• Prostate cancer: A review of the research on the topic confirmed that allium vegetable consumption, specifically garlic, has been linked to decreased risk of prostate cancer.[13]Zhou XF, Ding ZS, Liu NB. Allium Vegetables and Risk of Prostate Cancer: Evidence from 132,192 Subjects. Asian Pacific Journal of Cancer Prevention. 2013;14(7):4131-4134. … Continue reading

6. Reduce your blood pressure and your risk of heart disease

Heart attacks and strokes are some of the biggest killers of our time. These cardiovascular diseases are typically linked to high blood pressure or hypertension. 

The health benefits of eating garlic can also help improve blood pressure. Aside from lifestyle changes, including a healthy diet and physical activity, there’s evidence that garlic supplements can reduce hypertension.[14]Dhawan V, Jain S. Garlic supplementation prevents oxidative DNA damage in essential hypertensionMol Cell Biochem. 2005;275(1-2):85-94. doi:10.1007/s11010-005-0824-2 [15]Sobenin IA, Andrianova IV, Demidova ON, Gorchakova T, Orekhov AN. Lipid-lowering effects of time-released garlic powder tablets in double-blinded placebo-controlled randomized study. J … Continue reading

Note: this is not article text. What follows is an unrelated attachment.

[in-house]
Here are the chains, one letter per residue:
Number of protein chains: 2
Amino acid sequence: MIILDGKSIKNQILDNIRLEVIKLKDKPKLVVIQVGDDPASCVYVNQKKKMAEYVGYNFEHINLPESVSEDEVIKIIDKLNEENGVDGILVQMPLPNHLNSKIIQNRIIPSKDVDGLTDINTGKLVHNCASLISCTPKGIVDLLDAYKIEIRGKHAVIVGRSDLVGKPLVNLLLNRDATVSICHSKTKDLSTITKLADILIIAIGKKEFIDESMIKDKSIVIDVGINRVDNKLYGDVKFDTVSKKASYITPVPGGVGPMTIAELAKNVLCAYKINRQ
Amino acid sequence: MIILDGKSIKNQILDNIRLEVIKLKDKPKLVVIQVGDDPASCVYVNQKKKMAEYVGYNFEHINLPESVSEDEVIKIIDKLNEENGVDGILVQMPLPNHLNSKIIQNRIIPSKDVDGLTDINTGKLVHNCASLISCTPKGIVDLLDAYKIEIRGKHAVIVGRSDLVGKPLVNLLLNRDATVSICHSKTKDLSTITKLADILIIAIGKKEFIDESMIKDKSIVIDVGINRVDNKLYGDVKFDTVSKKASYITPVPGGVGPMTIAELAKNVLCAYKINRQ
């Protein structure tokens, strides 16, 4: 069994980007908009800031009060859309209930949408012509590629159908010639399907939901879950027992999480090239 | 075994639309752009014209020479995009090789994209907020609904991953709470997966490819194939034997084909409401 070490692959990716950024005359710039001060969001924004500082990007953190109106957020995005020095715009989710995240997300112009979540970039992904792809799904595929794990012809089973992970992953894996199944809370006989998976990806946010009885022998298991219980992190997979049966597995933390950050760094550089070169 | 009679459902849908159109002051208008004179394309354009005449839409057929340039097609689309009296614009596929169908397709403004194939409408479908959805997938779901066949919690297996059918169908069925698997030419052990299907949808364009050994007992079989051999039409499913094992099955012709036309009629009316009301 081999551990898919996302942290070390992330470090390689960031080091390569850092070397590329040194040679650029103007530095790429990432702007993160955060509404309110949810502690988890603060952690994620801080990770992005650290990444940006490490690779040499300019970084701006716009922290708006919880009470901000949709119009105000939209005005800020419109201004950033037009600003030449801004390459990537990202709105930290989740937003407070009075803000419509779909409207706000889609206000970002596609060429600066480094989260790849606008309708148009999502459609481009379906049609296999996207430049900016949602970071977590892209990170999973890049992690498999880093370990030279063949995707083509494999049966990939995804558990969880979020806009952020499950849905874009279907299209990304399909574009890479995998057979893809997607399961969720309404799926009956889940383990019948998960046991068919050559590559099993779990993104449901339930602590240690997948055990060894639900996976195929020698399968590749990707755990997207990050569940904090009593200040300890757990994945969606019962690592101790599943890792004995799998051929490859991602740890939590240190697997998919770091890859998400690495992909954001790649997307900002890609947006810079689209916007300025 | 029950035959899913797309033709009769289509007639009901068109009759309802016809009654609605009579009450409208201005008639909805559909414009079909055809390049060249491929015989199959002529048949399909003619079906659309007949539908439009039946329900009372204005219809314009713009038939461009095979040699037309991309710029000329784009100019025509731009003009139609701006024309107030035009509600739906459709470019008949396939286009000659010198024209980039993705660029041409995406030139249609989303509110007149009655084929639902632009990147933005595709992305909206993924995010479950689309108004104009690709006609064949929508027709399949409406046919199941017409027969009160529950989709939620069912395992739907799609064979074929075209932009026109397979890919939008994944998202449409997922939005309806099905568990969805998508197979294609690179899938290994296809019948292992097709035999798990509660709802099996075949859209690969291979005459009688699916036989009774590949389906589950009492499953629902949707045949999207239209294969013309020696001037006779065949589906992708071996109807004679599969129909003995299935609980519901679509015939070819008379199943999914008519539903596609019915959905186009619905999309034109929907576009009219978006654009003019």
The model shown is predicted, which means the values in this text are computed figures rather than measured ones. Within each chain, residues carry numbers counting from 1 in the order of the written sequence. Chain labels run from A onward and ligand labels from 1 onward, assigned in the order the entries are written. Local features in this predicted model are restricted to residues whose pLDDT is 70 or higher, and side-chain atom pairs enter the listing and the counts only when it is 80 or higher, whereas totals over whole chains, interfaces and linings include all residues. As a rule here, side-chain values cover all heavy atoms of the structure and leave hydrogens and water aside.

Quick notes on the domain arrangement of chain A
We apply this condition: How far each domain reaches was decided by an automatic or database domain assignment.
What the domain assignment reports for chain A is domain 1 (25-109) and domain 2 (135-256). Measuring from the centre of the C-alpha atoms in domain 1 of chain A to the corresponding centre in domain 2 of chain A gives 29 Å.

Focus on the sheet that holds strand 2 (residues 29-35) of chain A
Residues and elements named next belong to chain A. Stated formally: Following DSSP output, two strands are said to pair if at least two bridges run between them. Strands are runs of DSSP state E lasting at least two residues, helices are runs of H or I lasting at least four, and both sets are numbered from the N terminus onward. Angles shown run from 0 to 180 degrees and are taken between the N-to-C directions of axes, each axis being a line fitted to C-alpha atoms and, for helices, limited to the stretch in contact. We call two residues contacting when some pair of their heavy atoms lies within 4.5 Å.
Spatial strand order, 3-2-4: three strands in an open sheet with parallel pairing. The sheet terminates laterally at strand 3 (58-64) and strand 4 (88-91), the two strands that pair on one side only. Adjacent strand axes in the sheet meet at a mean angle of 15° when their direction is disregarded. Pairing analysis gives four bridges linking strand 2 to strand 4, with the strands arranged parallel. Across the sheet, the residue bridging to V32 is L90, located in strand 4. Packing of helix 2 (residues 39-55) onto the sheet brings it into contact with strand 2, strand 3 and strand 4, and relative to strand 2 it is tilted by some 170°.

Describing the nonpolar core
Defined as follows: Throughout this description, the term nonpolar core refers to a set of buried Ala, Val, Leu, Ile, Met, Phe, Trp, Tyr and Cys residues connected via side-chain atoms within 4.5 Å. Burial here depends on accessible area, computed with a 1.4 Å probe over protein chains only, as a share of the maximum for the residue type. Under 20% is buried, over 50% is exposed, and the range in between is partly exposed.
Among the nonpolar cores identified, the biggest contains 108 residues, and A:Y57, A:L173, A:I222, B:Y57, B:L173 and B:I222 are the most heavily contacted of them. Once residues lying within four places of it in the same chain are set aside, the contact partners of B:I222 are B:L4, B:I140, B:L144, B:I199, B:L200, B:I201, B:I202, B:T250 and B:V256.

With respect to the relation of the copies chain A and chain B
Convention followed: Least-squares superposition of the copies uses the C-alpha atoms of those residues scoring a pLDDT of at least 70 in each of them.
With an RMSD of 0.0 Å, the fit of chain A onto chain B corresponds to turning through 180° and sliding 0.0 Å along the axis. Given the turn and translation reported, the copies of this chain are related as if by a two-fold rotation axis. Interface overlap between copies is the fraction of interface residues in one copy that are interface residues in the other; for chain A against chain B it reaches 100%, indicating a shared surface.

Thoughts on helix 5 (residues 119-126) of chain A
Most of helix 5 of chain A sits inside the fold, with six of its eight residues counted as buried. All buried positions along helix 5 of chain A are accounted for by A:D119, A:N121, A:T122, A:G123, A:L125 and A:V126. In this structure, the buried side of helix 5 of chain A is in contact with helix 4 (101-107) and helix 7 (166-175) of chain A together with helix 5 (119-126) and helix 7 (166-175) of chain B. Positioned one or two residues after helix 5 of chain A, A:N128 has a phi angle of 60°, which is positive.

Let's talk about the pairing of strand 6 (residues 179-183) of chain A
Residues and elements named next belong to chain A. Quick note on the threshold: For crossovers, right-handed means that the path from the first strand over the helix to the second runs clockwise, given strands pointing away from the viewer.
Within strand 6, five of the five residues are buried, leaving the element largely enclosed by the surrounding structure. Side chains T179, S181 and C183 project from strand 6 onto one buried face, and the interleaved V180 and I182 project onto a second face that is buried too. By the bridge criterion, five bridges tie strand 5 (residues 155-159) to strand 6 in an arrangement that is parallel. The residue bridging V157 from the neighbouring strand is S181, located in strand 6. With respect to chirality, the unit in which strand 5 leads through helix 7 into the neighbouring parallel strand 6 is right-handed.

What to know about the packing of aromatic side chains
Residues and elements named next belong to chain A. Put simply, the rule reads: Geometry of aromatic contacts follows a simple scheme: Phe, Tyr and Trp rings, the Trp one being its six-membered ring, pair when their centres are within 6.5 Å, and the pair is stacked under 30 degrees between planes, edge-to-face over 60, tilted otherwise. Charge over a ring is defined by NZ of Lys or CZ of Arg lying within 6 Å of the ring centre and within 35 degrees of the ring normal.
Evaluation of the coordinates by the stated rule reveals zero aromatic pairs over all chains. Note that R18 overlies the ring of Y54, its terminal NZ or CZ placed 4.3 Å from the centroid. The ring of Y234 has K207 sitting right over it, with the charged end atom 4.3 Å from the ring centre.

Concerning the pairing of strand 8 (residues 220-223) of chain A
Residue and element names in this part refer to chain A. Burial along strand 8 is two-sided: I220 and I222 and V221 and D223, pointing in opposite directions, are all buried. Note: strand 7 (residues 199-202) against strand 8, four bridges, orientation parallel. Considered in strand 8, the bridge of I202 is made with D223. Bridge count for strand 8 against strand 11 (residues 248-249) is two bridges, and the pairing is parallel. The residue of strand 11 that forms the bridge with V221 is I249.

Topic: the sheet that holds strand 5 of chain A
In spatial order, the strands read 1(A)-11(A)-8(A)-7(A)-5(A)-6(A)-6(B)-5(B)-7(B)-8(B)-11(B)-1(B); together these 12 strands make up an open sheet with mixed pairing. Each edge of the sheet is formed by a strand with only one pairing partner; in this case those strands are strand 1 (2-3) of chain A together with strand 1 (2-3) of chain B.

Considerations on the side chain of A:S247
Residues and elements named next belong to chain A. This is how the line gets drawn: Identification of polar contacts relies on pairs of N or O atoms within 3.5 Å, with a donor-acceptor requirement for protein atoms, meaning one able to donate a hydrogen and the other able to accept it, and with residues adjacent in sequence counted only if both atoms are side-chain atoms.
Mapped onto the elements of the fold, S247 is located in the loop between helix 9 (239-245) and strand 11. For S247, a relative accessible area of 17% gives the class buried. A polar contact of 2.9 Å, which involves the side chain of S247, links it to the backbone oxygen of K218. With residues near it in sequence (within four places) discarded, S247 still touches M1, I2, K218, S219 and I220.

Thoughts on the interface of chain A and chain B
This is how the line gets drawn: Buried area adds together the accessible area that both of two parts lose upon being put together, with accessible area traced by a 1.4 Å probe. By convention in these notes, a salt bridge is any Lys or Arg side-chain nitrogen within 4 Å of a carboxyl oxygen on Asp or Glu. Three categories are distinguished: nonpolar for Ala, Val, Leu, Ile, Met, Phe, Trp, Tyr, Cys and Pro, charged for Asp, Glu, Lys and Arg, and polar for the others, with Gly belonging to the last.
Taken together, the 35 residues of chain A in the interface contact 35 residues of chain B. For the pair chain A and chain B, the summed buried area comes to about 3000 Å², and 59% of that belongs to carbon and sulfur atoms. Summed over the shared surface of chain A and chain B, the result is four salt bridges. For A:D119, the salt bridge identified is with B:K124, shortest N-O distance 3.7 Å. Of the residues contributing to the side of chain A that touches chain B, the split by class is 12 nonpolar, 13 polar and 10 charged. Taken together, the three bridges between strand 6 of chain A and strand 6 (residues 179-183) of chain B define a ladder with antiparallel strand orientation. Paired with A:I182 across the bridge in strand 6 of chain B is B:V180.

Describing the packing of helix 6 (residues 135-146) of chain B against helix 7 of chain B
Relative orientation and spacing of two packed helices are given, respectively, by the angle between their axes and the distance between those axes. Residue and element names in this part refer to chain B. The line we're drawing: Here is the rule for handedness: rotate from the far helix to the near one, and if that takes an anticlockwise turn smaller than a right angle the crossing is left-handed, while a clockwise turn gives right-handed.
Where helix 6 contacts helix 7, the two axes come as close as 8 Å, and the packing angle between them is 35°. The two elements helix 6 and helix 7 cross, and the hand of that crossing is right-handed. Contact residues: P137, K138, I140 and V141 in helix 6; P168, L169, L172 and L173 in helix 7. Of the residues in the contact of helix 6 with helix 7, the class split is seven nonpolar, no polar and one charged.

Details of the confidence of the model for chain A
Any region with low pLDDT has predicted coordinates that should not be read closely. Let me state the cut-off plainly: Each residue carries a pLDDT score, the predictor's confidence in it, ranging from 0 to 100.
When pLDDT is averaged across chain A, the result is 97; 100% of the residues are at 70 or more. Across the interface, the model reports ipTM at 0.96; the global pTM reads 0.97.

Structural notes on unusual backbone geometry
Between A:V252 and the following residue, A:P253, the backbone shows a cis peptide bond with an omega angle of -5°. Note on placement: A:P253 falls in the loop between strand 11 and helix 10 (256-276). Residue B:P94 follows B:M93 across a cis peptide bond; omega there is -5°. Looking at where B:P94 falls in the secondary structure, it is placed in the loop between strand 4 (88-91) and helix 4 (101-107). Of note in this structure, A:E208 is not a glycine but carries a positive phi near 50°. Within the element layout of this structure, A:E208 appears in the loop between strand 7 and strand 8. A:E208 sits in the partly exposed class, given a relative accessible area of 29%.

Research shows that 600 to 1,500 mg of garlic extract was as potent as the drug Atenolol to reduce blood pressure.[16]Ashraf R, Khan RA, Ashraf I, Qureshi AA. Effects of Allium sativum (garlic) on systolic and diastolic blood pressure in patients with essential hypertension. Pak J Pharm Sci. … Continue reading

7. Improve your cholesterol

If you’re conscious about your cholesterol levels, garlic is a tasty solution. Garlic supplements can help reduce your cholesterol by about 10% to 15%.[17]Ried K, Toben C, Fakler P. Effect of garlic on serum lipids: an updated meta-analysis. Nutr Rev. 2013;71(5):282-299. doi:10.1111/nure.12012

Furthermore, garlic seems to have more influence on what is considered “bad” cholesterol (LDL), but not as much on “good” cholesterol (or HDL). This confirms garlic’s health properties for heart disease prevention.[18]Kojuri J, Vosoughi AR, Akrami M. Effects of anethum graveolens and garlic on lipid profile in hyperlipidemic patients. Lipids Health Dis. 2007;6:5. Published 2007 Mar 1. … Continue reading

8. Reduce preterm delivery during pregnancy

Microbial infections are quite dangerous during pregnancy as they can lead to preterm delivery. Therefore, finding natural solutions to warding and fighting off microbial infections for pregnant women can have a tremendous impact on their child’s life.